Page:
The Council of Europe’s Group of States against Corruption (GRECO) has expressed disappointment at the slow progress of the Slovak Republic in implementing measures to prevent corruption of parliamentarians, judges and prosecutors.
In a new compliance report assessing the progress of the country in the implementation of the 16 recommendations contained in its 4th Round Evaluation Report, GRECO concludes that half of them have not been fully implemented more than five years after its adoption (see the French and Slovak versions of the compliance report)
As regards parliamentarians, GRECO notes that amendments to the Law on the Protection of the General Interest have entered into force, providing for the obligation to declare gifts or other benefits and the use of movable or immovable property. However, there is no significant progress in terms of asset declaration. GRECO encourages the authorities to finalise and apply a code of ethics for parliamentarians. It regrets that no political consensus has been found yet to enhance transparency in the legislative process, especially as regards lobbying and disclosure of financial interests.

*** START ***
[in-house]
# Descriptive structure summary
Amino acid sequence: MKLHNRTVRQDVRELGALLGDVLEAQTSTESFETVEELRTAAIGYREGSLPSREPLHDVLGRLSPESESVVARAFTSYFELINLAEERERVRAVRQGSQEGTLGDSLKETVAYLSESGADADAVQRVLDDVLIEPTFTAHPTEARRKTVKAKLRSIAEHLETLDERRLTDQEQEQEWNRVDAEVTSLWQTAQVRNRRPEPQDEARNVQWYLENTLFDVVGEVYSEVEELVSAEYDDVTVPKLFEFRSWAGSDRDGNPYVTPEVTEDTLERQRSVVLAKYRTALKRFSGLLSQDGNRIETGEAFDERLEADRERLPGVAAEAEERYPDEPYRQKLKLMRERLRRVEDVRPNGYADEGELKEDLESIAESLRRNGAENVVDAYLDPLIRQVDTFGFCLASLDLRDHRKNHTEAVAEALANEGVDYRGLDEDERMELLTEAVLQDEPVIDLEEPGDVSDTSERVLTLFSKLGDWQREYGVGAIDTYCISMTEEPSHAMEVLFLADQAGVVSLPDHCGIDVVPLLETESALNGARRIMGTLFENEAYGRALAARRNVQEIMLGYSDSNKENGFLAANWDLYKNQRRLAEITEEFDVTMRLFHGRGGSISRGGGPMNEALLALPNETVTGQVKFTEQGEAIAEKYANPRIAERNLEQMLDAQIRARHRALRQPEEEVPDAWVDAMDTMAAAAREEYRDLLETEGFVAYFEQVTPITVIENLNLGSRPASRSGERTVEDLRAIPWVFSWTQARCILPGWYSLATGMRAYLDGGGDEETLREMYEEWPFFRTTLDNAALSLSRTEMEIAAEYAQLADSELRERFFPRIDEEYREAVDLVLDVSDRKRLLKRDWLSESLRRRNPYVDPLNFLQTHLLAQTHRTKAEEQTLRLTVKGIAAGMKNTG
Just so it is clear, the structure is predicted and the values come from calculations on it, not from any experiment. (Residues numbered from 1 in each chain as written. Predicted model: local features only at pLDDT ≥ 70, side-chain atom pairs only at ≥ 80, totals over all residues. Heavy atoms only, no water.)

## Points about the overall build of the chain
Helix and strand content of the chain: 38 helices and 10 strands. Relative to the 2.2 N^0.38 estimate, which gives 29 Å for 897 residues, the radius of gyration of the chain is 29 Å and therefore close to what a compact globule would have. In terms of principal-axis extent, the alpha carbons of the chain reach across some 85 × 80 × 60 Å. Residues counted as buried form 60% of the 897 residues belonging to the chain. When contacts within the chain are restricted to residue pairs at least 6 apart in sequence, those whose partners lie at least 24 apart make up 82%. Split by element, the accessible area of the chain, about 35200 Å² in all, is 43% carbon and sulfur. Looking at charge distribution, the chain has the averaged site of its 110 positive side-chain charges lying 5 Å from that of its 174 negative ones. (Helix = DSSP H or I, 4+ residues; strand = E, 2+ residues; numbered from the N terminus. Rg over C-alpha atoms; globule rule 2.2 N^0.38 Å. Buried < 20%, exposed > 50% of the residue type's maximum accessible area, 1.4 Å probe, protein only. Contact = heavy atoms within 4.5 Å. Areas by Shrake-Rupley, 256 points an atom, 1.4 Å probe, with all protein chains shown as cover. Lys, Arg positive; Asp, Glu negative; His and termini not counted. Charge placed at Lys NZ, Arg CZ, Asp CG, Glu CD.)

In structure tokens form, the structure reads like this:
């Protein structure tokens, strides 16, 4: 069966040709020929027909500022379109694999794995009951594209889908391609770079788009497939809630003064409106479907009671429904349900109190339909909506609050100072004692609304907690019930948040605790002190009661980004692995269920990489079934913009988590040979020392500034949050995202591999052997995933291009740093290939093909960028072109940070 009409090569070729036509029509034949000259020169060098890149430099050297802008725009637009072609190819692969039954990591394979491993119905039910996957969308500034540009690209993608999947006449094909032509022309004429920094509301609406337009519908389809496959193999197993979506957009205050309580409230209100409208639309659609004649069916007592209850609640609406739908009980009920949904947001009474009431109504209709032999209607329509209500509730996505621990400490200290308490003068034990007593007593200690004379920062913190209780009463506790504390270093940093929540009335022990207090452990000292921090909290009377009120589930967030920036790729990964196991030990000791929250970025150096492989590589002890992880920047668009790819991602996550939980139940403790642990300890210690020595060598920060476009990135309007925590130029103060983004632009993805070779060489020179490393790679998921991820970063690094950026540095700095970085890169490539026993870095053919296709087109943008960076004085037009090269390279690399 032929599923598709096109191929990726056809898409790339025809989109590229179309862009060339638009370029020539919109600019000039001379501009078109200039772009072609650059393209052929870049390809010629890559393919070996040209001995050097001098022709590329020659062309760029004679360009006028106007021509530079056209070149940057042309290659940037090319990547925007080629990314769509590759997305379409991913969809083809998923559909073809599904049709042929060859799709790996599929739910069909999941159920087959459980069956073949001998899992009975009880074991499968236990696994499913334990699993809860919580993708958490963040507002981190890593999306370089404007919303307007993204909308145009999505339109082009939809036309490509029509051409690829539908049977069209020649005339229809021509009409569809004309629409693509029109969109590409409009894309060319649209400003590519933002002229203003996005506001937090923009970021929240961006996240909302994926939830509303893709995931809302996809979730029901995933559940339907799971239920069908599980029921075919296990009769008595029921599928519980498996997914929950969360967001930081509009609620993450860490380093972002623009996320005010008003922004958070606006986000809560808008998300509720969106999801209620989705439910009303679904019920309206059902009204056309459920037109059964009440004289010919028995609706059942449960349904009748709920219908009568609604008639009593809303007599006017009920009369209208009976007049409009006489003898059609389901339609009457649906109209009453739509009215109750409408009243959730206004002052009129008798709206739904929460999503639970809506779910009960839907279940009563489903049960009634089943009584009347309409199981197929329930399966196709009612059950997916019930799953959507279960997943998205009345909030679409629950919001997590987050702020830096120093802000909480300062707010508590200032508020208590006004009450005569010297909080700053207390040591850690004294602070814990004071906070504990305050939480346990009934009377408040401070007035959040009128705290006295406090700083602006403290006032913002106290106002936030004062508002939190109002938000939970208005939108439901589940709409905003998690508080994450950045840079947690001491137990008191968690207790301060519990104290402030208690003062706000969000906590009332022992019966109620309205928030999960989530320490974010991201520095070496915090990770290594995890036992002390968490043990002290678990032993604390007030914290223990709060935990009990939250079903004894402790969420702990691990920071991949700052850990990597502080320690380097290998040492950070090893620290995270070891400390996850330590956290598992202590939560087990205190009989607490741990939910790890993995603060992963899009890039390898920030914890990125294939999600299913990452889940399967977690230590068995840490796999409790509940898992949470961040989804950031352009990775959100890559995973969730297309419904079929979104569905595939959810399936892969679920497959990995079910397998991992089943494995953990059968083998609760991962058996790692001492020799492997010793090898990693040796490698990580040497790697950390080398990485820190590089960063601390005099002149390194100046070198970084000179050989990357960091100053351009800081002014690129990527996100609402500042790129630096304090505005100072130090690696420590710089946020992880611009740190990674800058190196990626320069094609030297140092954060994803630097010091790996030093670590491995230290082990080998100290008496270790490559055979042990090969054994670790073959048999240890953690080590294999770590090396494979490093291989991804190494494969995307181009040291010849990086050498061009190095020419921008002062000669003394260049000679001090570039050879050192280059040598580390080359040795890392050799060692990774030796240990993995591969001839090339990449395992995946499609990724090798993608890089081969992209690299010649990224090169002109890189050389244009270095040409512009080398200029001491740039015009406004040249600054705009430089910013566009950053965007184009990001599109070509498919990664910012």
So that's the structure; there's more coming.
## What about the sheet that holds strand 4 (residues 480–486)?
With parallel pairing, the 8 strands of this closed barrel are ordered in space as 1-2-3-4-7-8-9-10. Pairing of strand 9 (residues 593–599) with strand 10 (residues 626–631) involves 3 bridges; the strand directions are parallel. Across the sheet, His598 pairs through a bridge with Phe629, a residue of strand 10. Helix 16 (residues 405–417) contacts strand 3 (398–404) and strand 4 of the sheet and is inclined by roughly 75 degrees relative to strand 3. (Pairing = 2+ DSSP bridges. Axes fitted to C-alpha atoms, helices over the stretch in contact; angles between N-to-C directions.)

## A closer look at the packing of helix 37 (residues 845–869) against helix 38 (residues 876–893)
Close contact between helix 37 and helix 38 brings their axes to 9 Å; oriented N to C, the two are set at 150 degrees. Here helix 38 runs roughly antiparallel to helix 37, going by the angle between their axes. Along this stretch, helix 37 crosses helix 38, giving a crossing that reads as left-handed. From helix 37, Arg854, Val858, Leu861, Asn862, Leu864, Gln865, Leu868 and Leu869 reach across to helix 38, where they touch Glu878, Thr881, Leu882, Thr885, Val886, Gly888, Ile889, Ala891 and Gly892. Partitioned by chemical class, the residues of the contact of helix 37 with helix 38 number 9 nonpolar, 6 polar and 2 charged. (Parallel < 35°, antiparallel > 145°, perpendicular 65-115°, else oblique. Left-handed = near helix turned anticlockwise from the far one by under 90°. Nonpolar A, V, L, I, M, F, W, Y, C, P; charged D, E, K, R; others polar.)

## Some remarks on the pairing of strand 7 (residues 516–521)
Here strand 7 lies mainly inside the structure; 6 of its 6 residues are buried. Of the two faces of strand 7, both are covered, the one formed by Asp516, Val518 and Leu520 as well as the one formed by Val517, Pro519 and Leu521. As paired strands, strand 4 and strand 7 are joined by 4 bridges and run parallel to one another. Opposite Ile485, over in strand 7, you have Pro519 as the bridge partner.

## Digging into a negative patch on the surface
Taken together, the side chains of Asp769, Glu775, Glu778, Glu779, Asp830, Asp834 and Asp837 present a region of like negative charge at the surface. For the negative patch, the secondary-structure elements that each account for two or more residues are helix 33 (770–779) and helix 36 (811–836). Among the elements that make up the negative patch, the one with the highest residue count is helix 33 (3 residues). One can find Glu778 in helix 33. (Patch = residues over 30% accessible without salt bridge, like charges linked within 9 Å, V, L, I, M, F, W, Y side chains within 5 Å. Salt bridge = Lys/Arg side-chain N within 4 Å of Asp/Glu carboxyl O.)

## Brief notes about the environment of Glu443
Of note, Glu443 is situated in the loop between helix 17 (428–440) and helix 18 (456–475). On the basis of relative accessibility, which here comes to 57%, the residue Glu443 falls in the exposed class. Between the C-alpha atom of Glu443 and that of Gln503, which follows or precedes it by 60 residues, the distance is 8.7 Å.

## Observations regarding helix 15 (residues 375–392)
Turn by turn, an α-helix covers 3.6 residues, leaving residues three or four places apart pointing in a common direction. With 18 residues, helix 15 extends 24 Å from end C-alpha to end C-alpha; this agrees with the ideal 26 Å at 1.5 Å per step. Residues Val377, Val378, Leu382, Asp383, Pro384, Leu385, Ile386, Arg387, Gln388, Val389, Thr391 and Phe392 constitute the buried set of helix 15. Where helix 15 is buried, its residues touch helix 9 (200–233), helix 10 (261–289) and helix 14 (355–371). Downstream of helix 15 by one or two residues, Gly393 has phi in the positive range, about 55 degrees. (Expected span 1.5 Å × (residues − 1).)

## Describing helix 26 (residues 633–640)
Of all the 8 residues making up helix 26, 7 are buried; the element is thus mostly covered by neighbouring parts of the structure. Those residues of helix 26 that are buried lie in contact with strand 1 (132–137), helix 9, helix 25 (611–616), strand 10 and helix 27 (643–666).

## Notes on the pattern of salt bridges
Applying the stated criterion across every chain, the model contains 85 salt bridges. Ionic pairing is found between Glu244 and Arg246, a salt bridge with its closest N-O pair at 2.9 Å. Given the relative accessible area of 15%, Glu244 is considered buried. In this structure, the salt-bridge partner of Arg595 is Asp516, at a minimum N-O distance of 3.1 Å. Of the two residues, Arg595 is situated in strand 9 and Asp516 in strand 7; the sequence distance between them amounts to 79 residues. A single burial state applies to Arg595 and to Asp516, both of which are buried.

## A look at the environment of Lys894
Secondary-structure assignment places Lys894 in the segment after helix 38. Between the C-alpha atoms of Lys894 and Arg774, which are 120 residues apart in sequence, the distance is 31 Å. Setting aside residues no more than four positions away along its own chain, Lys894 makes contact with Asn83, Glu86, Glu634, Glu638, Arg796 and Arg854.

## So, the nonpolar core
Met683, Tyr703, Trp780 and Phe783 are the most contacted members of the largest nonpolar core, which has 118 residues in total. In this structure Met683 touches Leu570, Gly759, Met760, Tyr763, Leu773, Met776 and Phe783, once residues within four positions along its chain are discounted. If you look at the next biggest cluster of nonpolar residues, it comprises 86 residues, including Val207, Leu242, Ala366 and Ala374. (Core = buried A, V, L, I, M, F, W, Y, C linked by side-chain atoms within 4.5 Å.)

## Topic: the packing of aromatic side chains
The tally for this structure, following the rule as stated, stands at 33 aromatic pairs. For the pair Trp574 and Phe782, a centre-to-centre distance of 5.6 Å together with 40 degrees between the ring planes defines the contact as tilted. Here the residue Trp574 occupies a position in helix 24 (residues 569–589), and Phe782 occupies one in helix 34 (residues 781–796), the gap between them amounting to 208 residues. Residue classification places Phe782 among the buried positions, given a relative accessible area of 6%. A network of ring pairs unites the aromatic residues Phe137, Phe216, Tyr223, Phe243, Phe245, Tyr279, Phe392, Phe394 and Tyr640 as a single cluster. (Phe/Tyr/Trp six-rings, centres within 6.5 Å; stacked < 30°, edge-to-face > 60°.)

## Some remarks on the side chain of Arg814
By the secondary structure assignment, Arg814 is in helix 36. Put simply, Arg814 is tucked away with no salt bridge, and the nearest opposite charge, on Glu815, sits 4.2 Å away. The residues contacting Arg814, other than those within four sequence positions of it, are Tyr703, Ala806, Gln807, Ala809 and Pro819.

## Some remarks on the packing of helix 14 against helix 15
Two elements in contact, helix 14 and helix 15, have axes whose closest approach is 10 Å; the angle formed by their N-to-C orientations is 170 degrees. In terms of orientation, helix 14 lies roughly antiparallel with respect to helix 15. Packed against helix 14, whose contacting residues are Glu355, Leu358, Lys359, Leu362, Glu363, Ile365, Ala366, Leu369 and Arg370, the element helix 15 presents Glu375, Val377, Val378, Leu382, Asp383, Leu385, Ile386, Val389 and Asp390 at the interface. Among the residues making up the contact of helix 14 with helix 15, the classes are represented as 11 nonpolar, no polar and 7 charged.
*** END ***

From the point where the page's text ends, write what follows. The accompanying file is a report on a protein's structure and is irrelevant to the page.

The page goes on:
GRECO also regrets a lack of progress regarding judges. While the application of the rules relating to the declaration of assets has been strengthened, the rules of interpretation of the Code of Judicial Deontology remain to be clarified, in particular for conflicts of interest. The threshold beyond which gifts received must be declared remains high. As regards prosecutors, GRECO welcomes legislative amendments which oblige them to publicly disclose their assets above a certain value.